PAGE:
[JDEV] Krufty Jabber Client

Patrick McCuller patrick at kia.net
Mon Aug 9 12:39:42 CDT 1999

> > 	A more concrete example: streaming media. There are already
> very good, efficient transport methods for various kinds of streaming
> media, and trying to encapsulate the media itself would probably - I'm
> you'll agree - be a very bad idea. However, a protocol for negotiating the
connection -
> > passing IPs, proxies, URIs, and media types around might not be
> a bad idea. That itself is essentially feature negotiation and I've been
> trying to poke Jer to spill the beans on what he's been doing with this
concept.  :)
> Waitasec...Jabber is not shoutcast ;p  Is this creeping featurism?  I
> don't think it is worth is to delay Jabber months to incorporate
> streaming media which other applications are specifically designed for
> and handle very well.  This could be a content plugin instead (instead of
> in the "core").  This leads back to MIME.  If you know the content, then
> "content plugins" can handle em.

	Please read my messages more thoroughly. I usually spend at least an hour
composing each one. If you spent only a few minutes reading them, my time
investment might pay off. Your message demonstrates a remarkable failure to
understand my point. I have NEVER advocated that we should devote ANY time
to reinventing ANYTHING. In fact I have devoted a fair amount of energy to
trying to convice people on this list NOT to do this.

	My point is, again, that there are plenty of really good ways to move
various kinds of data from point A to point B. FTP, HTTP, RealMedia... these
are well developed mechanisms with available interfaces. There's simply no
need to reinvent or repackage this material. And trying to do so would be a
foolish waste of time.

	So where does Jabber fit in? The Jabber protocol can help clients to figure
out how to initiate the transfer of data. For instance: the user of Client A
wants to start streaming audio to the user of Client B. Now, we have a few
options as to how we should handle this in Jabber, some of them comically
ridiculous. We'll assume that the clients will be using some kind of direct
client to client transmission, instead of wasting server time with it. Our
options? I'll look at two of them:

	1. Establish an XML stream protocol - like or unlike the client to server
protocol - between the two clients. Package every byte of the streaming
audio into the XML stream (using an encoding methods, because XML doesn't
really have a good way to encapsulate purely binary data, CDATA Sections
being its closest call, but even they must be encoded to avoid certain
character combinations).
	This is a silly approach. That should seem pretty obvious for streaming
media: our Jabber protocol - and derivatives thereof - are not optimized for
streaming audio, video, or anything like it.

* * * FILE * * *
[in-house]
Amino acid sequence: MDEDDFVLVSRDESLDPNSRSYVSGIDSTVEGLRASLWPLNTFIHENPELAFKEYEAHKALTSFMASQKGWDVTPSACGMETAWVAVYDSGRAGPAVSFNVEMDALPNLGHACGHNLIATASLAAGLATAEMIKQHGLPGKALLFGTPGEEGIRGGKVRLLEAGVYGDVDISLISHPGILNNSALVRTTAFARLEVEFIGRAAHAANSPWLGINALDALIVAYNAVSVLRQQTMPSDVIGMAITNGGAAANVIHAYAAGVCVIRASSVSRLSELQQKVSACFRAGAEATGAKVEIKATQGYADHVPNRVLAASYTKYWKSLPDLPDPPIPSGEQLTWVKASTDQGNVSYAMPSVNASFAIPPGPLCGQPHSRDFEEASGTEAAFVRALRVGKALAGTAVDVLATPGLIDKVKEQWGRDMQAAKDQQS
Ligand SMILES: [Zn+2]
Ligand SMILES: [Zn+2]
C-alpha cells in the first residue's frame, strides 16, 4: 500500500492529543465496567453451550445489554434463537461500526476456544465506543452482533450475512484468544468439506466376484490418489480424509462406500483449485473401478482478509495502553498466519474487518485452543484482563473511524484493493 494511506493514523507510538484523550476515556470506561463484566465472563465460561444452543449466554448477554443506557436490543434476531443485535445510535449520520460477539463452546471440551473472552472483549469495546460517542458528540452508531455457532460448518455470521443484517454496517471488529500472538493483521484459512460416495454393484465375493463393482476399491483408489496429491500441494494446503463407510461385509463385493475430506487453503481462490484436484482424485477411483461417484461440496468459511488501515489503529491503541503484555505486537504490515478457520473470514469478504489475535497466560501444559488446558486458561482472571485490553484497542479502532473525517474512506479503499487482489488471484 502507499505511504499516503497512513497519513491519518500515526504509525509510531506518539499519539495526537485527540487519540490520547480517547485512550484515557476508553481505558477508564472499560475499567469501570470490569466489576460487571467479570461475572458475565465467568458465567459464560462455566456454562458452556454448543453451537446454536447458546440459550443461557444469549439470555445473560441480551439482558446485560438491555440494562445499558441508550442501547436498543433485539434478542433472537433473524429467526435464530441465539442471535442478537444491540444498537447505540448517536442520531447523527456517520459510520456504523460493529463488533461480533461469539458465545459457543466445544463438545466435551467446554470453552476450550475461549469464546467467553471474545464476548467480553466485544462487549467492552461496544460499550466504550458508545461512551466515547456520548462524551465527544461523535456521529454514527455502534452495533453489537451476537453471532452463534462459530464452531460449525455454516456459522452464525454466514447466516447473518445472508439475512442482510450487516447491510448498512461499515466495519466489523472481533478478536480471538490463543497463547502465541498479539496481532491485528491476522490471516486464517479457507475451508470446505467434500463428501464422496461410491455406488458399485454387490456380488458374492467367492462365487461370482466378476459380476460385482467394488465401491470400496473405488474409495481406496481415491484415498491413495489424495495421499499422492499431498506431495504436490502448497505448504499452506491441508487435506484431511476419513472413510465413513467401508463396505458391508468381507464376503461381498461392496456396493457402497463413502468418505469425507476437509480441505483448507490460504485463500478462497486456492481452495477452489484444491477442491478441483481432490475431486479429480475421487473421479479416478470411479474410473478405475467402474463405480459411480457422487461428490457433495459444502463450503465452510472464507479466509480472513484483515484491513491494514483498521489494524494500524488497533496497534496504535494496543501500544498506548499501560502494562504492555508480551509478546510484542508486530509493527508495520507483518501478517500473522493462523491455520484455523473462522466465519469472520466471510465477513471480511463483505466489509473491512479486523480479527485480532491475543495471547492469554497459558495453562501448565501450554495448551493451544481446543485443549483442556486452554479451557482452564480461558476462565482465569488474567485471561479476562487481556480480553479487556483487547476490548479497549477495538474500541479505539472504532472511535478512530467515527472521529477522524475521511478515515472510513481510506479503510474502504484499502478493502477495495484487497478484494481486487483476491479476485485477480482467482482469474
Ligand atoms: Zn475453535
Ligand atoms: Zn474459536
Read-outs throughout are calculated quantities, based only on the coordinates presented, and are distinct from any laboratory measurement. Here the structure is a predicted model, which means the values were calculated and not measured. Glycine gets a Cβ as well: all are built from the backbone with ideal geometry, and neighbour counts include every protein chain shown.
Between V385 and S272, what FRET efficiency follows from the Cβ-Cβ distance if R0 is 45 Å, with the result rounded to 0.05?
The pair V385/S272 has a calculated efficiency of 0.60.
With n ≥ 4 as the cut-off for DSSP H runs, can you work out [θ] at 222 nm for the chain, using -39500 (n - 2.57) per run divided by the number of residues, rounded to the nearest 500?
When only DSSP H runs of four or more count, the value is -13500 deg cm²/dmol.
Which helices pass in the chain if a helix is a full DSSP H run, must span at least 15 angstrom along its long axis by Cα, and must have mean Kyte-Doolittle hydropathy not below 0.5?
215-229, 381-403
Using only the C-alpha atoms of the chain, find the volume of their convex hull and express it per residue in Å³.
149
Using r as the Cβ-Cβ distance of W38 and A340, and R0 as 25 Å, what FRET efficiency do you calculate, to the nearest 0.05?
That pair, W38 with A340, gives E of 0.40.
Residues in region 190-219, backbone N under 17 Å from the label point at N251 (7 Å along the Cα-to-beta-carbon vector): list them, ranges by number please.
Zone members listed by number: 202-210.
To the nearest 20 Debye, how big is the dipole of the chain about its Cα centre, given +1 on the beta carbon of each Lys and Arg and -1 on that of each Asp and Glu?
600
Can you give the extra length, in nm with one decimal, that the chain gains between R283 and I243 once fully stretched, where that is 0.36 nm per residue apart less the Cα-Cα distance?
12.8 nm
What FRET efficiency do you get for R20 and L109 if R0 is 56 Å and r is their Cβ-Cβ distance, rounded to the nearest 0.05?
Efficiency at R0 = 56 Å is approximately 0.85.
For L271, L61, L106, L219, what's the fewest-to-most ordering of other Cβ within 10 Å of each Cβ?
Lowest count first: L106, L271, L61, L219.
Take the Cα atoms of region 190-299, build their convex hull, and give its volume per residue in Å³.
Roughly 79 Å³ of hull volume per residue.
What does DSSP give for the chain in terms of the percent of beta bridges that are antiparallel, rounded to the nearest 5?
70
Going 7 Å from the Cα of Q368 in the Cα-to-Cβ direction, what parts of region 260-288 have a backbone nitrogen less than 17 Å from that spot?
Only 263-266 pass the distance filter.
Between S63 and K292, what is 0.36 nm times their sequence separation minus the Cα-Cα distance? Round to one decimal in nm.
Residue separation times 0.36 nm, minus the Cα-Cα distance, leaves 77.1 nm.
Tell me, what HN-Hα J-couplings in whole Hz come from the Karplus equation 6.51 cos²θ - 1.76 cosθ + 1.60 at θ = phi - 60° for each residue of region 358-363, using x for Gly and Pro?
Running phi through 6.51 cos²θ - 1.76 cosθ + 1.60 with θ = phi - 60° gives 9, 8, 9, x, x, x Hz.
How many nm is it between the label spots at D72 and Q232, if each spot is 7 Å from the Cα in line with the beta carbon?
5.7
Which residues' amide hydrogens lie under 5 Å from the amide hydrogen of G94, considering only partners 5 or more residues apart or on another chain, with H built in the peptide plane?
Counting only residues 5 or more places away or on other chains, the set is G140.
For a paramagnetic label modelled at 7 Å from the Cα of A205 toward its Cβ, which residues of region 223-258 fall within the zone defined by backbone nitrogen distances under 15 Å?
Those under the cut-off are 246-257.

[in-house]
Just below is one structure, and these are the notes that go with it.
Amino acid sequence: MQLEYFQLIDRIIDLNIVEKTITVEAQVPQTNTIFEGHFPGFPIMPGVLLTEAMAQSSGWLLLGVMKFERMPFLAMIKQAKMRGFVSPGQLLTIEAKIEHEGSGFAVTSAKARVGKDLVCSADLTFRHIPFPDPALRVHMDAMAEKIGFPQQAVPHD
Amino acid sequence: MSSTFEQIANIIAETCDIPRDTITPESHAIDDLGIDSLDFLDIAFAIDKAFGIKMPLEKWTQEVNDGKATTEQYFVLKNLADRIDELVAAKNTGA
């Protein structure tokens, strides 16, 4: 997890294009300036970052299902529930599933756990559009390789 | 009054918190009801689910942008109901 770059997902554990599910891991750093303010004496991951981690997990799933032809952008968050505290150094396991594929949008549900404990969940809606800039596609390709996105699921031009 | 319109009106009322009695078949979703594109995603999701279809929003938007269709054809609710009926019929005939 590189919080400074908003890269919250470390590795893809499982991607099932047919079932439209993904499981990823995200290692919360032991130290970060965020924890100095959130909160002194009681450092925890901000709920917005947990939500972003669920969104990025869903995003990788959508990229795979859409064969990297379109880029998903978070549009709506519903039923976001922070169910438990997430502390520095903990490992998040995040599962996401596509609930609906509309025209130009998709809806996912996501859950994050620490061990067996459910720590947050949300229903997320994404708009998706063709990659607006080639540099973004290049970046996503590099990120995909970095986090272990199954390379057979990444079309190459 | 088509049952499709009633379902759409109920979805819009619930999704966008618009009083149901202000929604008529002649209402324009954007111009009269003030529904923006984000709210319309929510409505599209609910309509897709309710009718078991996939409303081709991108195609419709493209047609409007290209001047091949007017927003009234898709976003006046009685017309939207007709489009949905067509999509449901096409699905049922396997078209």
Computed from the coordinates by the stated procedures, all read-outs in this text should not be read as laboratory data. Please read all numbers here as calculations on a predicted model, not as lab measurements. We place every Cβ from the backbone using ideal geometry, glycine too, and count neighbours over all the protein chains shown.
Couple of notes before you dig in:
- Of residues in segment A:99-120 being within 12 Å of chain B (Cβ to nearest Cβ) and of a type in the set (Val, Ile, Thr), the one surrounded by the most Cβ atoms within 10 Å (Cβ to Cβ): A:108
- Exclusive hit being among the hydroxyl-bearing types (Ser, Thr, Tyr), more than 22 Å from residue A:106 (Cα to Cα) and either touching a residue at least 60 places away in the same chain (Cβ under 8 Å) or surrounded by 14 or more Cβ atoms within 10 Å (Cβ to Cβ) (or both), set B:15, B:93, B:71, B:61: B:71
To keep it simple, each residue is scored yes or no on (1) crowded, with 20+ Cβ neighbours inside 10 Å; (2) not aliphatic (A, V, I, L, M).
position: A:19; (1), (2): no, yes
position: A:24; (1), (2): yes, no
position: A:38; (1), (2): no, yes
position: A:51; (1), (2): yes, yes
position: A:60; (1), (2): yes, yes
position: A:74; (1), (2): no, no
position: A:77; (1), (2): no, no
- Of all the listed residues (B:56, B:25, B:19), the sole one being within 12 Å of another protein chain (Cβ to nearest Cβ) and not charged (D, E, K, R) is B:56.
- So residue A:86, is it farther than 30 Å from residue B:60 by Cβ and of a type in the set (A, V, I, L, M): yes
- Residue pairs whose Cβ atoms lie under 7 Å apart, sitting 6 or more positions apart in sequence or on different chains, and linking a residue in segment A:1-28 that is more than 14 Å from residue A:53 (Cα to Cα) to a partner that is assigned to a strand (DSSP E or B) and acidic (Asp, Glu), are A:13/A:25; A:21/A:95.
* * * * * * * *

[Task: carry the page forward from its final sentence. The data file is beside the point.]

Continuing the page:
What may be less obvious is that it is also a silly approach even for file
transfers. Why? Because HTTP, for instance, is already pretty damned good at
this, and it will get better all on its own without our help. We need merely
plug in our libraries to make it happen. HTTP is just an example. There are
many ways to move files - and indeed any form of data. We don't need to
concern ourselves with this.
	There is one possible exception to the let's-not-invent-our-own-wheel
principle in this area. And that is in the case of our own particular wheel:
the Jabber protocol. It may be that the Jabber protocol, or a subset of it,
is a great way for clients to communicate instant messages and other Jabber
protocol goals directly to each other. This idea is probably worth pursuing.

	2. Establish a non-protocol-biased framework for clients to negotiate
client to client transfers. This is feature negotiation and it may work
pretty well. Let's start with a concrete example of a possilbe interaction
between clients. This is assumed to me sent through the Jabber transport:
client to server to client, and it is also written in English for maximum

Client A: Hi, I want to send you a binary file.
Client B: OK, how about HTTP?
Client A: Alright. Pick up the file at

another example:

Client A: I want to send you an MP3 audio stream.
Client B: Sorry, I can't support that.

another example:

Client A: I want to send you a RealText stream.
Client B: Alright, where do I pick it up?
Client A: Pick it up at pnp://102.102.102...../etc/etc/etc/


Client A: I want to send you a RealText stream. Pick it up at
Client B: Alright.

another example:

Client A: I want to send you a JPG image.
Client B: Don't. I am a toaster.

another example:

Client A: I want you to send me hash receipts.
Client B: OK, how about SHA-1 hashes?
Client A: No. I can support MD5 hashes.
Client B: OK, I will send you MD5 hash receipts.

another example:

Client A: I want to compress my messages to you. I can use ZIP, GZIP, and
Bob's Cool New Compression.
Client B: I don't support compression. I am a wristwatch.
Client B: I support ZIP and GZIP.

another example:

Client A: I want to start a Jabber session directly with you.
Client B: Sorry, I'm behind six firewalls and a cauldron of boiling oil.
Client B: Alright, connect at:

	I hope this servers to clarify my position. In summary, I think that a
feature negotiation mechanism is all clients need to start client to client
transfers. Whether the feature negotiation occurs on a
query-this-then-query-that basis or on a
here's-everything-I-can-handle-do-your-worst all at once exposure, it should
work out about the same architecturally.


More information about the JDev mailing list